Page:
US-based startup, Catalog, recently revealed that it had successfully stored all 16 gigabytes of Wikipedia’s English-language text on tiny DNA strands within a laboratory vial, in the latest demonstration of the power and potential of synthetic DNA as a medium for storing digital data.
DNA data storage is here
The accomplishment marks a new record for the amount of digital information to be stored on DNA. Catalog used prefabricated synthetic DNA strands to store the Wikipedia data, along with a DNA writing machine, which currently writes data at a rate of four megabits per second, but which Catalog wants to make at least a thousand times faster.
Catalog is one of a growing number of technology companies that sees DNA as a potential solution to the challenge of how to store rising volumes of digital data generated by smartphones, tablets and internet-connected sensors. According to Cisco, the world will generate some 4.8 zettabytes of digital data by 2022, up from 1.5 zettabytes in 2017. The growing volume of data will challenge existing storage technologies such as magnetic tape, disk drives, and flash memory to keep pace with the rapidly expanding storage requirement. The attractions and benefits of DNA as a medium for digital data storage include its longevity – DNA lasts 1000 times longer than silicon. In addition, DNA offers higher levels of storage density, with a single cubic millimetre of DNA able to hold a quintillion bytes of data.
DNA data storage works by taking digital content that is typically stored using a binary code of 0s and 1s, and converting it into the genetic code of As, Cs, Gs, and Ts that makeup DNA’s chemical building blocks. The converted DNA code is then used to create synthetic strands of DNA, which can be put into cold storage. When needed, the DNA strands can be removed from cold storage and their information decoded using a DNA sequencing machine. The DNA sequence is then translated back into binary format.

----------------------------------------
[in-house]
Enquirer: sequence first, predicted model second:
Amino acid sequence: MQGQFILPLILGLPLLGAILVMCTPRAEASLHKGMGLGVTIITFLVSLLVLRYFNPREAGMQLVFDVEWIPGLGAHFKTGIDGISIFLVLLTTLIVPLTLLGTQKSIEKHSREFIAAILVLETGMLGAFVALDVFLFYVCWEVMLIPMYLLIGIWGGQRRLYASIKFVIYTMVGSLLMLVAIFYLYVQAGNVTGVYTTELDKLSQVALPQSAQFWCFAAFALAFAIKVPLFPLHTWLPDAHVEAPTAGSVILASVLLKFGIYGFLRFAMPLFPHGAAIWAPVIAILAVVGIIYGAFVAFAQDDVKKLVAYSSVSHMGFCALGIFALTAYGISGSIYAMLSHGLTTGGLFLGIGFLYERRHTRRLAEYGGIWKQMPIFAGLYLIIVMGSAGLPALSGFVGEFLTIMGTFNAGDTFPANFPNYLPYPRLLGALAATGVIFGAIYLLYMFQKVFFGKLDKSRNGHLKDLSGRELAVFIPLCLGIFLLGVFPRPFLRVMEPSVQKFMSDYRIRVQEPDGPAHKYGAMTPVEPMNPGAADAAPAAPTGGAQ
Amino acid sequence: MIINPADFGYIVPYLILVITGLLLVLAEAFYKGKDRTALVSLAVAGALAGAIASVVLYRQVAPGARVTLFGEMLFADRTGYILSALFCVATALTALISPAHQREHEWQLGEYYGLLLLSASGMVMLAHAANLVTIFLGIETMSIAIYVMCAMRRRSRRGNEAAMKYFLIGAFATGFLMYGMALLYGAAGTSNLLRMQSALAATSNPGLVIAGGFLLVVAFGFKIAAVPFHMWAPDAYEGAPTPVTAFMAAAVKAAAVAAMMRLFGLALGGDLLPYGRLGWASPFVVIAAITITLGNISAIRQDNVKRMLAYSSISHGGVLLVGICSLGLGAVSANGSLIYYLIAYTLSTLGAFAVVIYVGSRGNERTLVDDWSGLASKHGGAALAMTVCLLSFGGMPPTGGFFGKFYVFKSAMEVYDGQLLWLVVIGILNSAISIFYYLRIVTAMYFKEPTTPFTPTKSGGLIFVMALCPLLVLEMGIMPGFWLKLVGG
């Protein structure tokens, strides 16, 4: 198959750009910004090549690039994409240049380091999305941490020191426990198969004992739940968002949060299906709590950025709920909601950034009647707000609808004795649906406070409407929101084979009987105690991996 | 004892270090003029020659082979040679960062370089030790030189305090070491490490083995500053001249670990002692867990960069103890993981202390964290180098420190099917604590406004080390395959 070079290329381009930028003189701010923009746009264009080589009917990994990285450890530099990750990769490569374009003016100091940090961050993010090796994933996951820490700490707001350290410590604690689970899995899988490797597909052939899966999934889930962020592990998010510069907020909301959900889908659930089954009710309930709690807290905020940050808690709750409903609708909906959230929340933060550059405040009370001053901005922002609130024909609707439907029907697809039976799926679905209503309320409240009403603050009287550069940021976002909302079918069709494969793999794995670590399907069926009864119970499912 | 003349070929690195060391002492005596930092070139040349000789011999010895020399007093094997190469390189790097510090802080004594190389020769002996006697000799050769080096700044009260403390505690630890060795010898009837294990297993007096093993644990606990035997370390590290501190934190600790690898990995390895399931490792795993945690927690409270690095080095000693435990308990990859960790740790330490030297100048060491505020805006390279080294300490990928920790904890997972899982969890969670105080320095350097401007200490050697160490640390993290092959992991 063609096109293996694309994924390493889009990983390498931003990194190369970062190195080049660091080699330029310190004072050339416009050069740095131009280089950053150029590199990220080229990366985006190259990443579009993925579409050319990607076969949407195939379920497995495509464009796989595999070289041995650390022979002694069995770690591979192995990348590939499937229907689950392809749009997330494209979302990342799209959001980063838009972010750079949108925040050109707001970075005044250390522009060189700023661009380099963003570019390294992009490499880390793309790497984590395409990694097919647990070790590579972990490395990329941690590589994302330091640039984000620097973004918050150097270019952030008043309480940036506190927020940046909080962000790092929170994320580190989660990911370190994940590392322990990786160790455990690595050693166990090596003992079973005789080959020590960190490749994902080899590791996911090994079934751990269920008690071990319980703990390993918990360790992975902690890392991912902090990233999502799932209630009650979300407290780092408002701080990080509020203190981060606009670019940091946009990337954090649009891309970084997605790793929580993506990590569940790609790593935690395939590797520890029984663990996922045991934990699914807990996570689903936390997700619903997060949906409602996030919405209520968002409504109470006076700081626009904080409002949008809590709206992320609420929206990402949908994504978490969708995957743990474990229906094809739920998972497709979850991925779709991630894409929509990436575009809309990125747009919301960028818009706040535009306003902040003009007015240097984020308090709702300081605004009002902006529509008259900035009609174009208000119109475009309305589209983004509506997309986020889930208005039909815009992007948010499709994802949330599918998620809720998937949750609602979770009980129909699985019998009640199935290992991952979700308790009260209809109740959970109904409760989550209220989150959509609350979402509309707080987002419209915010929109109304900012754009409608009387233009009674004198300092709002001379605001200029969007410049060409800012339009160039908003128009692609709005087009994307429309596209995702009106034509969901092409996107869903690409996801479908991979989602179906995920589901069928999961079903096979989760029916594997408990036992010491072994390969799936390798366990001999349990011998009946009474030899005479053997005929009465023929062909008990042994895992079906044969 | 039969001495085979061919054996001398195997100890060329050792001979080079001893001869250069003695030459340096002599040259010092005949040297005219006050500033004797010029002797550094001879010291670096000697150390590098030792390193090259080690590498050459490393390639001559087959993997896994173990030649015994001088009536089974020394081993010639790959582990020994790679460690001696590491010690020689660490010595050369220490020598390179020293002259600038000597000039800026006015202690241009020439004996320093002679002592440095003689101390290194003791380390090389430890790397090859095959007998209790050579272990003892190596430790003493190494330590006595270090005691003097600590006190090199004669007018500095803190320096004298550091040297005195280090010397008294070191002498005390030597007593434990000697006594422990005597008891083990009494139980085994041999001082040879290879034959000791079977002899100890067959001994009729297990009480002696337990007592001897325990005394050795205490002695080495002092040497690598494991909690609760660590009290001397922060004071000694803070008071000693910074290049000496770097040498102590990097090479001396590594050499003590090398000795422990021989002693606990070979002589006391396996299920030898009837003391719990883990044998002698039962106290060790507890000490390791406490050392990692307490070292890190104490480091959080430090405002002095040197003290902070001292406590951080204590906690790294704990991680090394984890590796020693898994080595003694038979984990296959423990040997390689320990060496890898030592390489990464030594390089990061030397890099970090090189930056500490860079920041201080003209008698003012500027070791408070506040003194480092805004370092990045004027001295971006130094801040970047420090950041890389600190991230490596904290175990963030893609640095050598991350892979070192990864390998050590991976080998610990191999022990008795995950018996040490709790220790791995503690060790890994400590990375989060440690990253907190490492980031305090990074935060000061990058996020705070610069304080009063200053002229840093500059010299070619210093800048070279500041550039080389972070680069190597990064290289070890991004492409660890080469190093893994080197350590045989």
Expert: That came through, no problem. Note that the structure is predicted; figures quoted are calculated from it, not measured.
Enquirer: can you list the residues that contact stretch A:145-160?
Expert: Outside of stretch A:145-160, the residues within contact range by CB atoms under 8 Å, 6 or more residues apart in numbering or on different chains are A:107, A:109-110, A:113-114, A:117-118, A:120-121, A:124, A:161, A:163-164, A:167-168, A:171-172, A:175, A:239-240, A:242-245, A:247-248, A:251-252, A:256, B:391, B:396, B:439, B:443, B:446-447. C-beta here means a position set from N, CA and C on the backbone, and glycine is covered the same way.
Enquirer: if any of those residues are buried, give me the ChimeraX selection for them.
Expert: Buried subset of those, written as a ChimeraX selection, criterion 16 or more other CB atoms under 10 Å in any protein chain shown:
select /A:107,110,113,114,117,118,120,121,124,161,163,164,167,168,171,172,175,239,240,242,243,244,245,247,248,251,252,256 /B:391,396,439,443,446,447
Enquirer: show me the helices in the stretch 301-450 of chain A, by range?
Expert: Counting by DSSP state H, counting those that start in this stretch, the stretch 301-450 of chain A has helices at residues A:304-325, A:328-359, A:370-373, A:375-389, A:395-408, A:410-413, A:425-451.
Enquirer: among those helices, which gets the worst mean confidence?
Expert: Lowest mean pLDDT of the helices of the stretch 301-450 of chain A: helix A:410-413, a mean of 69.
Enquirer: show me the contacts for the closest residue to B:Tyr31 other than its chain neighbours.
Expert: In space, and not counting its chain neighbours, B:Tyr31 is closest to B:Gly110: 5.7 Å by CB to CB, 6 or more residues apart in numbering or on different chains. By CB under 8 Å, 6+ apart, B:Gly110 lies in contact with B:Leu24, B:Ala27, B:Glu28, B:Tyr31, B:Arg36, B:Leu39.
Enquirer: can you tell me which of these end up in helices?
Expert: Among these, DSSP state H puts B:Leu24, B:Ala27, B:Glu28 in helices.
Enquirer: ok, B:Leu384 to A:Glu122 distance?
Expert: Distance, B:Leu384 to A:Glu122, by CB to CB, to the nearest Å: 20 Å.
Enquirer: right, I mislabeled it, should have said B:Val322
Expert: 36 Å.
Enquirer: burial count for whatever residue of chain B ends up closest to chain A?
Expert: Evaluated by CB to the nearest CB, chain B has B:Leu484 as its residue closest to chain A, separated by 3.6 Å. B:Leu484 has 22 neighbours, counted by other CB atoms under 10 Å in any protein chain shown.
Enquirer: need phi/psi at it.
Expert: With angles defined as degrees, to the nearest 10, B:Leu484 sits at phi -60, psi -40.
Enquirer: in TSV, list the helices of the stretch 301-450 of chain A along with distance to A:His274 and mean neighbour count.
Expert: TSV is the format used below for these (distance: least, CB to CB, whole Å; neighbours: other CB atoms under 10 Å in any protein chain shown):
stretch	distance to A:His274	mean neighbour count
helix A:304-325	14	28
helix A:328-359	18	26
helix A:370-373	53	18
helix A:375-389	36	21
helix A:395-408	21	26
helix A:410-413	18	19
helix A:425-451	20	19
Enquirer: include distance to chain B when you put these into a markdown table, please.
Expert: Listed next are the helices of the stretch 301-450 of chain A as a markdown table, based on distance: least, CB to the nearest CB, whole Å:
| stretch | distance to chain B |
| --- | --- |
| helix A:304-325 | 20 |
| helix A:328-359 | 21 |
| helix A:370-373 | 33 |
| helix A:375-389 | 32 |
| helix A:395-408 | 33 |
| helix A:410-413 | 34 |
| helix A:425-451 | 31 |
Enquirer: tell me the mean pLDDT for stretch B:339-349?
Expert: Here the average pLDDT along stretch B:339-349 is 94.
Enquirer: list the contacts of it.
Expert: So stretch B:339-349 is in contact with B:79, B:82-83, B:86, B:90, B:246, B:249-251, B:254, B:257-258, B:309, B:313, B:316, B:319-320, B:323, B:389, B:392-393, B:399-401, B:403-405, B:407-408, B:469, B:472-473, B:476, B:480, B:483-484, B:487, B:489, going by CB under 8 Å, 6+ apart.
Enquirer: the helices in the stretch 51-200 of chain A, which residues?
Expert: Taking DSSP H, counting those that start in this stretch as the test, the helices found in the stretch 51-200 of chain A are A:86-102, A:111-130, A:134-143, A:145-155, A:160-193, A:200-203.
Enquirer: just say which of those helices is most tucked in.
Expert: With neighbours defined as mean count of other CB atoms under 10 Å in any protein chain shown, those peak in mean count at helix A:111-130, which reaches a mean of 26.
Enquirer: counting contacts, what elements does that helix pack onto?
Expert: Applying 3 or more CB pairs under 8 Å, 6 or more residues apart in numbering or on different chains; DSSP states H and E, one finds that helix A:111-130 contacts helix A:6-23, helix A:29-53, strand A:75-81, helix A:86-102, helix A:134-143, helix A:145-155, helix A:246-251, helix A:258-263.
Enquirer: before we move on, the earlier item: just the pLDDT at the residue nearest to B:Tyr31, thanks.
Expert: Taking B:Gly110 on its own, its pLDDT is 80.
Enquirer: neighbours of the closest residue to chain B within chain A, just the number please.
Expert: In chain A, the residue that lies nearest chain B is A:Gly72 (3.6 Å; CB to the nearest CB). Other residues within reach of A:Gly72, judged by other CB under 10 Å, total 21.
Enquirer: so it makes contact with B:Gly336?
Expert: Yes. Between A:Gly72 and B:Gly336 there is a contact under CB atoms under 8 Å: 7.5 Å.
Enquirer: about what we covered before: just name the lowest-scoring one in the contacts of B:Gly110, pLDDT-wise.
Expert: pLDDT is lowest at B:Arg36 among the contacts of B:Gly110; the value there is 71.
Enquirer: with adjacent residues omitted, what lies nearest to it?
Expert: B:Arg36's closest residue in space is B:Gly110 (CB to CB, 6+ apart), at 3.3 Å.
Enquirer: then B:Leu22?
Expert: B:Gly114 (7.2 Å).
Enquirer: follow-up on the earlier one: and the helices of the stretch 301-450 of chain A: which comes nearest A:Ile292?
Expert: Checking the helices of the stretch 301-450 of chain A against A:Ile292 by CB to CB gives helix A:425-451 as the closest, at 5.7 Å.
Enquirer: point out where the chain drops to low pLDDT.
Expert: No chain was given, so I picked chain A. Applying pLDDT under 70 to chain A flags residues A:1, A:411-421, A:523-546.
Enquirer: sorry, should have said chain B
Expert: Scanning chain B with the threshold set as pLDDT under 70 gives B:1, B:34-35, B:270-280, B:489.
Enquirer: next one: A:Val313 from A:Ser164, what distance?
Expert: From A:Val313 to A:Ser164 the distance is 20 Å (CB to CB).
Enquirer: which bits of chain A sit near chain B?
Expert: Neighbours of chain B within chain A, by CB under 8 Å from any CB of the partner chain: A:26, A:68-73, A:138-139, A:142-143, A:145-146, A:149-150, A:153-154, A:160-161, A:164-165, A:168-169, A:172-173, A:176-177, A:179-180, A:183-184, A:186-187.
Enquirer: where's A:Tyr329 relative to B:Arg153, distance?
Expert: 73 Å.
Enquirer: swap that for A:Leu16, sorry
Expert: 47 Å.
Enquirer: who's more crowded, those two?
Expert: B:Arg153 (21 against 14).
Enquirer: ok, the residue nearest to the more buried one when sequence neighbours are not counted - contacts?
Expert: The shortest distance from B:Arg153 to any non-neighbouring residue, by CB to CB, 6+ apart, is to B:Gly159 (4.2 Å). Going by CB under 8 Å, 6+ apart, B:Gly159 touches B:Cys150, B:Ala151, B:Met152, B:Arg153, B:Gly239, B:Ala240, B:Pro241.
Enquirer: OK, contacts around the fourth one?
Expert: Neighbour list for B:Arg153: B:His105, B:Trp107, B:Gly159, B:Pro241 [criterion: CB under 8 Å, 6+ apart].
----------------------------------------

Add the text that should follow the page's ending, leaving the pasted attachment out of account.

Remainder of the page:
The high cost of DNA sequencing
However, existing DNA data storage techniques face challenges that include the prohibitively high cost of the DNA sequencing technology, and the slow speed at which digital data is converted to DNA and the filed DNA code sequenced and decoded back into digital format. Catalog is addressing these challenges with a method, it claims, is faster and cheaper than chemical synthesis approaches. Firstly, Catalog separates the process of synthesizing DNA molecules from that of encoding the digital data. Secondly, Catalog relies on a relatively small pool of pre-synthesized DNA molecules – fewer than 200 – that can be combined in an exponential number of ways. The approach requires less DNA synthesis, speeding-up and reducing the overall cost of encoding data for storage.
Last year Catalog announced that it had raised $9m from investors to help commercialise its DNA sequencing and storage technology. And although it has said little about who it expects will use the technology, Catalog is currently in discussions with government agencies, major international science projects, oil and gas firms, and businesses from the media and entertainment, finance, and other industries, with a view to lining-up pilot agreements.